Kate Moss, Marilyn Manson, and More Turn Out For the Fashion Awards

The ceremony’s new name and format nods to the globalization of the fashion industry

Every year, the British Fashion Council’s annual awards ceremony goes up a level in octane. It gets glossier, brassier, more confident. Apart from its inaugural event in October of 1989, where Princess Diana rocked up in a (now iconic) Catherine Walker Elvis-esque bolero gown, last night’s affair was the shiniest in years. Before, it was an endearing hodgepodge of East End designers and Central Saint Martins students, with dresses that had just come off the sewing machines, feathers and threads askew. To be fair, there were always the McQueens, Westwoods, and Zandra Rhodes around, but there was also a very homey, somewhat provincial feel to the awards, which lent the evening a sort of authenticity. But last night, at the ultra regal, candlelit Royal Albert Hall (even the venue has had an upgrade), well, it was very slick. Kate! Karlie! Gaga! Naomi! Donatella! Wow. Dressed in Oscar-worthy attire, this was a different level altogether. Progress, perhaps, but it did make many sentimental for the good old days.

The newfound sophistication is one change. The other of course, is that they are not the British Fashion Awards anymore. They are now simply the Fashion Awards—a sage decision for a switch in moniker by way of the BFC and its chair, the American-born Natalie Massenet. After all, in our Brexit age, national identifiers are causing an uproar—and don’t you know, darlings, division is so out of fashion. Fashion is truly international now, and to limit it just to the Brits seems such a jaundiced idea. Although the BFC claims the name change wasn’t due to politics.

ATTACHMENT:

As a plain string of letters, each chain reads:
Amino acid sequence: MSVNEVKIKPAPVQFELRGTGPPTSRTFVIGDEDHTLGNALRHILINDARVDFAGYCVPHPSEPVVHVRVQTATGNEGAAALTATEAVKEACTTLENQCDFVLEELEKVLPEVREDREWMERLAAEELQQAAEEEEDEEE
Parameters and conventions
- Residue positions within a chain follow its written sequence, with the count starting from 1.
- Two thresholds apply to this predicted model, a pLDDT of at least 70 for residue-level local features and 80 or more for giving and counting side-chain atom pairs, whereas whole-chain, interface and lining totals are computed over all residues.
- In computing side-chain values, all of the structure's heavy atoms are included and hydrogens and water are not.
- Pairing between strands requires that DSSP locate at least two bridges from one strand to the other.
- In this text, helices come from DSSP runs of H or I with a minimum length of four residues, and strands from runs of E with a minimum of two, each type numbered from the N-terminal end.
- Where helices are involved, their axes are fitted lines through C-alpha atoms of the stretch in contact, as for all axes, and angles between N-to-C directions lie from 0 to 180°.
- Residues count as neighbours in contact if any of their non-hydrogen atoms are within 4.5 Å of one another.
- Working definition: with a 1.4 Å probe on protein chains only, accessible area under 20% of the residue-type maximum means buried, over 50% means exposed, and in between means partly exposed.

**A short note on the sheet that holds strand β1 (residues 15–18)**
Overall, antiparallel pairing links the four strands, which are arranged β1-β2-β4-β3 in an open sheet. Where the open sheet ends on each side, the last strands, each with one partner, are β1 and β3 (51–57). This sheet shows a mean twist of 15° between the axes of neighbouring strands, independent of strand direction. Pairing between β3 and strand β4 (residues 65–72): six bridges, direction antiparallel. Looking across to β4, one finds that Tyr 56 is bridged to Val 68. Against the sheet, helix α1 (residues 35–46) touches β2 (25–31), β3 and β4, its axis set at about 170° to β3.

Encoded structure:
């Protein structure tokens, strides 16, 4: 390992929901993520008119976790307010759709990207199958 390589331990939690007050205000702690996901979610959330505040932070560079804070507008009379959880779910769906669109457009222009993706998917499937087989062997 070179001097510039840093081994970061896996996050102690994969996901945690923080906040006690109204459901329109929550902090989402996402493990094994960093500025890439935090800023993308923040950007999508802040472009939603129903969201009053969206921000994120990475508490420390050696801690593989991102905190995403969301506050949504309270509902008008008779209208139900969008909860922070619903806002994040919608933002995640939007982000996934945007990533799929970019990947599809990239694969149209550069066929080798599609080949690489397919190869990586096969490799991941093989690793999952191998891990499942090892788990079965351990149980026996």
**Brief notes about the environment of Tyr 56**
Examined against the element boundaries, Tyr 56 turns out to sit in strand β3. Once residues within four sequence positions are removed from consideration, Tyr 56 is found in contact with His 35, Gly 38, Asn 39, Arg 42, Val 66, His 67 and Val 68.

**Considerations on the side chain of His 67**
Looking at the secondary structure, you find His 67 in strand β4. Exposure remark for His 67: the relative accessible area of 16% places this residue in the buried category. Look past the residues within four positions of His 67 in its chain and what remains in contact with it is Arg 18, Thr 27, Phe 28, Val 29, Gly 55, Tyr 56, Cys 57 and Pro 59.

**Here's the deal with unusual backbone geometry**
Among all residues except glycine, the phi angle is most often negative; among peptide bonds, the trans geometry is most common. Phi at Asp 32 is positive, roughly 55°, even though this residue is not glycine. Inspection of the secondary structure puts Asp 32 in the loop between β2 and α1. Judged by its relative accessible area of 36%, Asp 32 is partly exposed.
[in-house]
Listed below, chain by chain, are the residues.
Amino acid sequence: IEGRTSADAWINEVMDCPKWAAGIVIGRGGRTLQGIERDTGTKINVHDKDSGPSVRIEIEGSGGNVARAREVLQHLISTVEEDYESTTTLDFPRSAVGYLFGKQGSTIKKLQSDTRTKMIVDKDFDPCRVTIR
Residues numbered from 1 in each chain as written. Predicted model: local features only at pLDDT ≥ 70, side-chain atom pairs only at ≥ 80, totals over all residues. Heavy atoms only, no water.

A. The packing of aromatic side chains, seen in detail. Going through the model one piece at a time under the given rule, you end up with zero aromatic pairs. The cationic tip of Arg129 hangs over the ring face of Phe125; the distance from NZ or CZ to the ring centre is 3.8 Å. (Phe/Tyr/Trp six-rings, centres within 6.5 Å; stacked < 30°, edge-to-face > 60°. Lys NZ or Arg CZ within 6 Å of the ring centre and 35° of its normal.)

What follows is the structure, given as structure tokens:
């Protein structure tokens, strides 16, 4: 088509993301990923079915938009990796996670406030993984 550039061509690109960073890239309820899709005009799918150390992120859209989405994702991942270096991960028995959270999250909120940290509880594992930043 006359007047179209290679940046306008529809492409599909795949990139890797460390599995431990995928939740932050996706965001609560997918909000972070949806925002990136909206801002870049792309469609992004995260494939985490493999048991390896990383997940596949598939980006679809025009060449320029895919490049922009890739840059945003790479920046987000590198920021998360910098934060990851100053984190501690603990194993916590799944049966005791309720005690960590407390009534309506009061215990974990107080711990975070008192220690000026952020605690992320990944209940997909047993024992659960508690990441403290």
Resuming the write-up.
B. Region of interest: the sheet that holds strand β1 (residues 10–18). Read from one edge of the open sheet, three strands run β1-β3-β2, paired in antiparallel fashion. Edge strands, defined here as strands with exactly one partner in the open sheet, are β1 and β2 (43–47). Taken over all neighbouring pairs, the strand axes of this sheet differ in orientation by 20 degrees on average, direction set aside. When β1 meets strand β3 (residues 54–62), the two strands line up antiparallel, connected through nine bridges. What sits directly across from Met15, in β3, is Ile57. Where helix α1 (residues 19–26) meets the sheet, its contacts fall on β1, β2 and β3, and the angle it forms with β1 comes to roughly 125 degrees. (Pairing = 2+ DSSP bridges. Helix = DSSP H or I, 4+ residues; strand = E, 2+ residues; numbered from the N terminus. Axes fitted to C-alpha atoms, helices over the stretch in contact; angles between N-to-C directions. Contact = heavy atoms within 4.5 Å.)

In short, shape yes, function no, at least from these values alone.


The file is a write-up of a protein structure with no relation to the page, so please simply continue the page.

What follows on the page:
“We didn’t plan the name change to coincide with anything political but it seemed like a good time for our industry to show we are fully international, collaborative and without borders,” said Caroline Rush, chief executive of the British Fashion Council, to the Financial Times. So though some people rue the loss of “British” in the name, we applaud the BFC for its international stance, as it is exactly what the industry is: international. So, there. More progress. 

But that’s not to say there weren’t any Brits in attendance. Many were nominated—categories were even created for them—with Simone Rocha and Craig Green walking away with hardware. Alexander McQueen, a brand whose mythical appeal cannot be dampened by mere death, also brought home a trophy. But a quick glance at the list of winners will show how international the field is. Lebanese-American Gigi Hadid, and Demna Gvasalia, who hails from Georgia and designs for Balenciaga, a French brand founded by a Spaniard, took home big gongs. Ditto for American powerhouses Ralph Lauren and Bruce Weber. Italy’s Alessandro Michele walked away with Accessory Designer of the Year for Gucci, and perhaps his story is the most telling of the new internationalism that is pervading fashion. The night before these awards, Michelle Obama wore a custom Gucci gown to her final Kennedy Center Honors, which is notable, considering it marked the first time she didn’t wear an American designer to the event. That power move all but sums up fashion’s increasingly global spirit.

As the supes took to draping themselves over a giant glittering orb at the front of the venue, there was one constant that was decidedly British: a lot of booze. A lot. So by the time Marilyn Manson (random or what?) took the stage to present Vetements with its award for International Urban Luxury Brand, any confusion gave way to merriment. Yup—by this time, vats of wine had been consumed. To be sure, the atmosphere suggested that people came on a mission: to eke some joy out of the last hiccup of 2016. Trump, Brexit, Syria, continuing economic uncertainty—all that was thrown by the wayside. This gang was hell-bent on partying, and did so with admirable conviction.  

That spirit spilled over into the official after-party at Store Studios, which, as far as this reporter can remember, was somewhere on the Strand. I think. One enduring British tradition that survived the face of globalization? A whooping hangover the next day. Some things will never change.

The page could not be loaded!